Wlliam Gilmore Simms
The History of South Carolina, From Its First European Discovery to Its Erection into a Republic >> Chapter XXVI >> Page 284

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Page 284

History | S. Babcock & Co. | 1840
had stolen a brief respite from the labors of the field, that
they might assist in the no less arduous toils of council.
All had suffered, and many of them severely. A nobler
assembly one more distinguished for faith, integrity,
wisdom and valor�was never yet convoked in the cause
of a nation. The proceedings were opened by a speech
from governor Rutledge, distinguished by the accustomed
energy of manner and force of matter which character-
ized that orator. In the course of this speech, he gave
a brief glance at the history of the war in the state. A
portion of his picture we transfer to our pages, as sum-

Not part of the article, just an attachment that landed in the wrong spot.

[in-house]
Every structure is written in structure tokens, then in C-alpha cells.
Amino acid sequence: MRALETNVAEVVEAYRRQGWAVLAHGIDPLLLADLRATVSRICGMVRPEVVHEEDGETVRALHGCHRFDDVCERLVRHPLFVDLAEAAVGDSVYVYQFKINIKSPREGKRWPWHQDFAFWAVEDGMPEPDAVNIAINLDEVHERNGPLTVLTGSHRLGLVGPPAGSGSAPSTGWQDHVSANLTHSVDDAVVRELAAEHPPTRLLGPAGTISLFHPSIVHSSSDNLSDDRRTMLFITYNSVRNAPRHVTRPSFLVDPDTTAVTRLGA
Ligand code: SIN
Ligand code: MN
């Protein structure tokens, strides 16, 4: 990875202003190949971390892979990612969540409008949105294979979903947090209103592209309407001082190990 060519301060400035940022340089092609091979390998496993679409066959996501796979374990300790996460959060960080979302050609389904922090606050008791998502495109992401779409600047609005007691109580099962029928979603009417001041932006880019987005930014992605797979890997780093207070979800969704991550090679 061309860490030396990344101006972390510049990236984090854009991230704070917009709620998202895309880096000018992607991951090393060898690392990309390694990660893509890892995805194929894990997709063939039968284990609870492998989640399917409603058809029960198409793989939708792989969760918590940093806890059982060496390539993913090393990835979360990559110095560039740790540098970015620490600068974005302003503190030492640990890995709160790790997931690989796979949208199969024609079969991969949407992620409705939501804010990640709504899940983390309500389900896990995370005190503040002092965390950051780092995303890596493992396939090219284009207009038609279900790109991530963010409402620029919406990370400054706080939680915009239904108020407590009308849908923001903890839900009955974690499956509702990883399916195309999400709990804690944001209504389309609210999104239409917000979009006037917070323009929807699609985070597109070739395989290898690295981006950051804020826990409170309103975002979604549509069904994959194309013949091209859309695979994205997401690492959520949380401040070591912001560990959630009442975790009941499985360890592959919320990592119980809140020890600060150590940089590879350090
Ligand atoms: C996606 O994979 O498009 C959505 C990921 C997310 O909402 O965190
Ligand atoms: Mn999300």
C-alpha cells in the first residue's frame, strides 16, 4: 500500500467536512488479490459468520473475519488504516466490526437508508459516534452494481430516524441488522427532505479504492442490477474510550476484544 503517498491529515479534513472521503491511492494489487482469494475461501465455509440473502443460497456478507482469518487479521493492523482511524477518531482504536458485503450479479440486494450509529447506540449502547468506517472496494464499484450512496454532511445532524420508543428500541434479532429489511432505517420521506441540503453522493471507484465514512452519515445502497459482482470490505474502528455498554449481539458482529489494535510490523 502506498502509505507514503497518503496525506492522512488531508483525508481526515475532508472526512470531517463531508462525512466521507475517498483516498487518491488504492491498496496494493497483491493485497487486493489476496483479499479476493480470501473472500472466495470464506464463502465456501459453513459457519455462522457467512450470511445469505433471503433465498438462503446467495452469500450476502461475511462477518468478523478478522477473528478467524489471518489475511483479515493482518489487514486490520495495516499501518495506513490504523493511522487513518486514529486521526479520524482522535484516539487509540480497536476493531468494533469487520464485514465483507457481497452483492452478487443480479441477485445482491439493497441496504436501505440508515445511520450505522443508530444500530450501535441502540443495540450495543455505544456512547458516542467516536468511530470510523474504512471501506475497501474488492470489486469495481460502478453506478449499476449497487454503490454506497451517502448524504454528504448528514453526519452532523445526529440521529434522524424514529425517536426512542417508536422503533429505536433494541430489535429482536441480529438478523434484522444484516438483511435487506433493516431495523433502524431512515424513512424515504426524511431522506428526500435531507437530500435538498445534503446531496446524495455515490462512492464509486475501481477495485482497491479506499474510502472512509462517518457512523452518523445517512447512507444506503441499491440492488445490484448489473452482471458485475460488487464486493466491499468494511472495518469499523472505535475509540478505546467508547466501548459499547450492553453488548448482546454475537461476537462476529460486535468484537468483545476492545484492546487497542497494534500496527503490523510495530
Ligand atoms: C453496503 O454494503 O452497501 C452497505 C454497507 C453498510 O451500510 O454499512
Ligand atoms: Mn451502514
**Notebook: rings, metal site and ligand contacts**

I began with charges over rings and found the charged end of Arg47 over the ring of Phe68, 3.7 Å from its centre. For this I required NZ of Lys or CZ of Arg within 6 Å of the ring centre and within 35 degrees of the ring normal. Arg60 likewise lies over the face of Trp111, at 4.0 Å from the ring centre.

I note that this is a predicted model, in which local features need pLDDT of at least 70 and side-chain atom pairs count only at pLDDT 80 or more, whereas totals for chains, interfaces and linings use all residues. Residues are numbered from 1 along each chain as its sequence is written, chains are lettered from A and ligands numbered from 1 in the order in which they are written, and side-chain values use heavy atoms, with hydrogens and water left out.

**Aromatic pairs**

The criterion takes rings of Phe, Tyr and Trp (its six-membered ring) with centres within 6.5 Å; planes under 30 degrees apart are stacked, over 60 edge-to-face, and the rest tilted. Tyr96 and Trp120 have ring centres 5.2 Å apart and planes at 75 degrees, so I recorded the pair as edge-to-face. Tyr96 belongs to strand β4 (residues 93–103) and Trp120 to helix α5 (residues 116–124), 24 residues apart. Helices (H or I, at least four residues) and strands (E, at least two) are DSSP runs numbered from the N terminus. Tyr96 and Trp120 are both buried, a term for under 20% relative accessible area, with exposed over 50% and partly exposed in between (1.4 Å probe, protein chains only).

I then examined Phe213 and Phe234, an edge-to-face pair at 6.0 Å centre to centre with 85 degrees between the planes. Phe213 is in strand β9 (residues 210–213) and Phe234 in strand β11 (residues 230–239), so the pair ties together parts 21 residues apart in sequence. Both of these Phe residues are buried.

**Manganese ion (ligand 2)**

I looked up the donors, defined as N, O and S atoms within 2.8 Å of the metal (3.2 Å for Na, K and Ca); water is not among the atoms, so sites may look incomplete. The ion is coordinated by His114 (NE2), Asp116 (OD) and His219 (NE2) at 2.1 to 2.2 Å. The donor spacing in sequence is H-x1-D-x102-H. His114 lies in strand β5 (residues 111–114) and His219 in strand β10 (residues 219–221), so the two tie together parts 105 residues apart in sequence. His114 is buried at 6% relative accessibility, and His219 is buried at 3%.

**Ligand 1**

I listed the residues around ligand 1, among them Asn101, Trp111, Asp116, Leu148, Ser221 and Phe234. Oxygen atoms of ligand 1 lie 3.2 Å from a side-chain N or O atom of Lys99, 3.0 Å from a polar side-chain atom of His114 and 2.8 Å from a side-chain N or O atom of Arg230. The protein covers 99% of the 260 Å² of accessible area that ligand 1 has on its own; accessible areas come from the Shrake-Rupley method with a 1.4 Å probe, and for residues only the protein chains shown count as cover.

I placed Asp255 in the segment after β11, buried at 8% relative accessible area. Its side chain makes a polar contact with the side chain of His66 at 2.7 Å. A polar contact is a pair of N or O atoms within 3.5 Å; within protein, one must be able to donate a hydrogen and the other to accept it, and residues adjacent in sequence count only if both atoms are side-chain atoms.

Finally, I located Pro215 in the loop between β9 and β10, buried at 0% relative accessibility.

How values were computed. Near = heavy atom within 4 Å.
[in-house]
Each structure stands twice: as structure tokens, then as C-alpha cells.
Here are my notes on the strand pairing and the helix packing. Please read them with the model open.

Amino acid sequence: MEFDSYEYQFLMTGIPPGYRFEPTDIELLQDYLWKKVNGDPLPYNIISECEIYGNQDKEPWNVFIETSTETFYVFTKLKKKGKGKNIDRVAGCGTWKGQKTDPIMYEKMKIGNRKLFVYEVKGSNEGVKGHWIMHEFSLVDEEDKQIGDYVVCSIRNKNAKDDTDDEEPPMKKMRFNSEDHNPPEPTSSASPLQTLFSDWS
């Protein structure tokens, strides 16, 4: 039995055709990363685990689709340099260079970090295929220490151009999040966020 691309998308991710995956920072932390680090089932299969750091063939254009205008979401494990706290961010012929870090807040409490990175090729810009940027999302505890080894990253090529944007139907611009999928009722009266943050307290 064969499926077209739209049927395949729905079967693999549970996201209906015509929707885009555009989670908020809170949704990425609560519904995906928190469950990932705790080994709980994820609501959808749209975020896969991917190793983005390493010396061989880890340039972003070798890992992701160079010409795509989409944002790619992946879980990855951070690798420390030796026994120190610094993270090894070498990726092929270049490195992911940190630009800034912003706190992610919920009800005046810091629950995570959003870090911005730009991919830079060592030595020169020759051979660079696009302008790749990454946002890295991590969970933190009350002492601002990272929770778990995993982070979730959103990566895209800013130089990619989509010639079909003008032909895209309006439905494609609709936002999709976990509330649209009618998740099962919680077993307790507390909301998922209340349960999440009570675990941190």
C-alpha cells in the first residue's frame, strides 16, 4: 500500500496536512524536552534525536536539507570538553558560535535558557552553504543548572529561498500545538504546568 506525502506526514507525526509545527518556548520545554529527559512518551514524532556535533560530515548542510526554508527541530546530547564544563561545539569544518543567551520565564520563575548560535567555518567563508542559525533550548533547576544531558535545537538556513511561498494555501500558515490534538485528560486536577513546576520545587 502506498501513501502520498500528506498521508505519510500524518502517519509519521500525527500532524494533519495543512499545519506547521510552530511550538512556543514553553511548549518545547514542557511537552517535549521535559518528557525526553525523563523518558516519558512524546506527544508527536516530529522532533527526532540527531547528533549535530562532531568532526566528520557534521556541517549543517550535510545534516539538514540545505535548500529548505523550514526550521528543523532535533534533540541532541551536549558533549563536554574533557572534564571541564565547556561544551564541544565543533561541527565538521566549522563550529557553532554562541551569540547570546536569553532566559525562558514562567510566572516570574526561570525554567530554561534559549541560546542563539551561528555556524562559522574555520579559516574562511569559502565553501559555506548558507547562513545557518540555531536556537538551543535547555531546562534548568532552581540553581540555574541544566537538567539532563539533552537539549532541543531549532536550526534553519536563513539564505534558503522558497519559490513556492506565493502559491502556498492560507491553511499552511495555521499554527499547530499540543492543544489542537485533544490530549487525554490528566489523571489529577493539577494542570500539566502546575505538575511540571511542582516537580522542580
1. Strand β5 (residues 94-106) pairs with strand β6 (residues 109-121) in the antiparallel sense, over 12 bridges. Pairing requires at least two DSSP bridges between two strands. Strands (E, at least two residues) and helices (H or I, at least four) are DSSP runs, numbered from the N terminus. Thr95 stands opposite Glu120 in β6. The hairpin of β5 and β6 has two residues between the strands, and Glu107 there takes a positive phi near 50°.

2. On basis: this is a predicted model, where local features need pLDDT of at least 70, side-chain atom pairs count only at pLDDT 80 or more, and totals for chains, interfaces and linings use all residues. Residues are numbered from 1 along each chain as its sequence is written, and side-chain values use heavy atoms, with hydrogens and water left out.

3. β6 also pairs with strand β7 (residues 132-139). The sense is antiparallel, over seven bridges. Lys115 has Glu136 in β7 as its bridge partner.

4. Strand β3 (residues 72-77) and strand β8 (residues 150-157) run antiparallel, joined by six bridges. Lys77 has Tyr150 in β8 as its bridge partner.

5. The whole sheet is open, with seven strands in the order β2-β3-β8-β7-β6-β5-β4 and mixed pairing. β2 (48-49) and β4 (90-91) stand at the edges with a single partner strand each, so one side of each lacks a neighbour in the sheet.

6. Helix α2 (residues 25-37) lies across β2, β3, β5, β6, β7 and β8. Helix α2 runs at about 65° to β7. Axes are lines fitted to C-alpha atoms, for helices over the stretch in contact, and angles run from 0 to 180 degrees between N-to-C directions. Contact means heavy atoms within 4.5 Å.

ming up briefly, a thousand details which a more particu-
lar narration would make too voluminous for our limits.
"The enemy," said he, unable to make any impres-
sion upon the northern states, the number of whose
inhabitants, and the strength of whose country, had
baffled their repeated efforts, turned their views towards
the southern, which a difference of circumstances afforded
some expectation of conquering, or, at least, of greatly
distressing. After a long resistance, the reduction of
Charlestown was effected by the vast superiority of force
with which it had been besieged. The loss of that gar-
rison, as it consisted of the continental troops of Virginia
and the Carolinas, and of a number of militia, facilitated
the enemy's march into the country ; and their establish-
ment of strong posts in the upper and interior parts of it,
and the unfavorable issue of the action near Camden,
induced them vainly to imagine that no other army could
be collected which they might not easily defeat. The
militia commanded by the brigadiers Marion and Sumter,
whose enterprising spirit and unremitting perseverance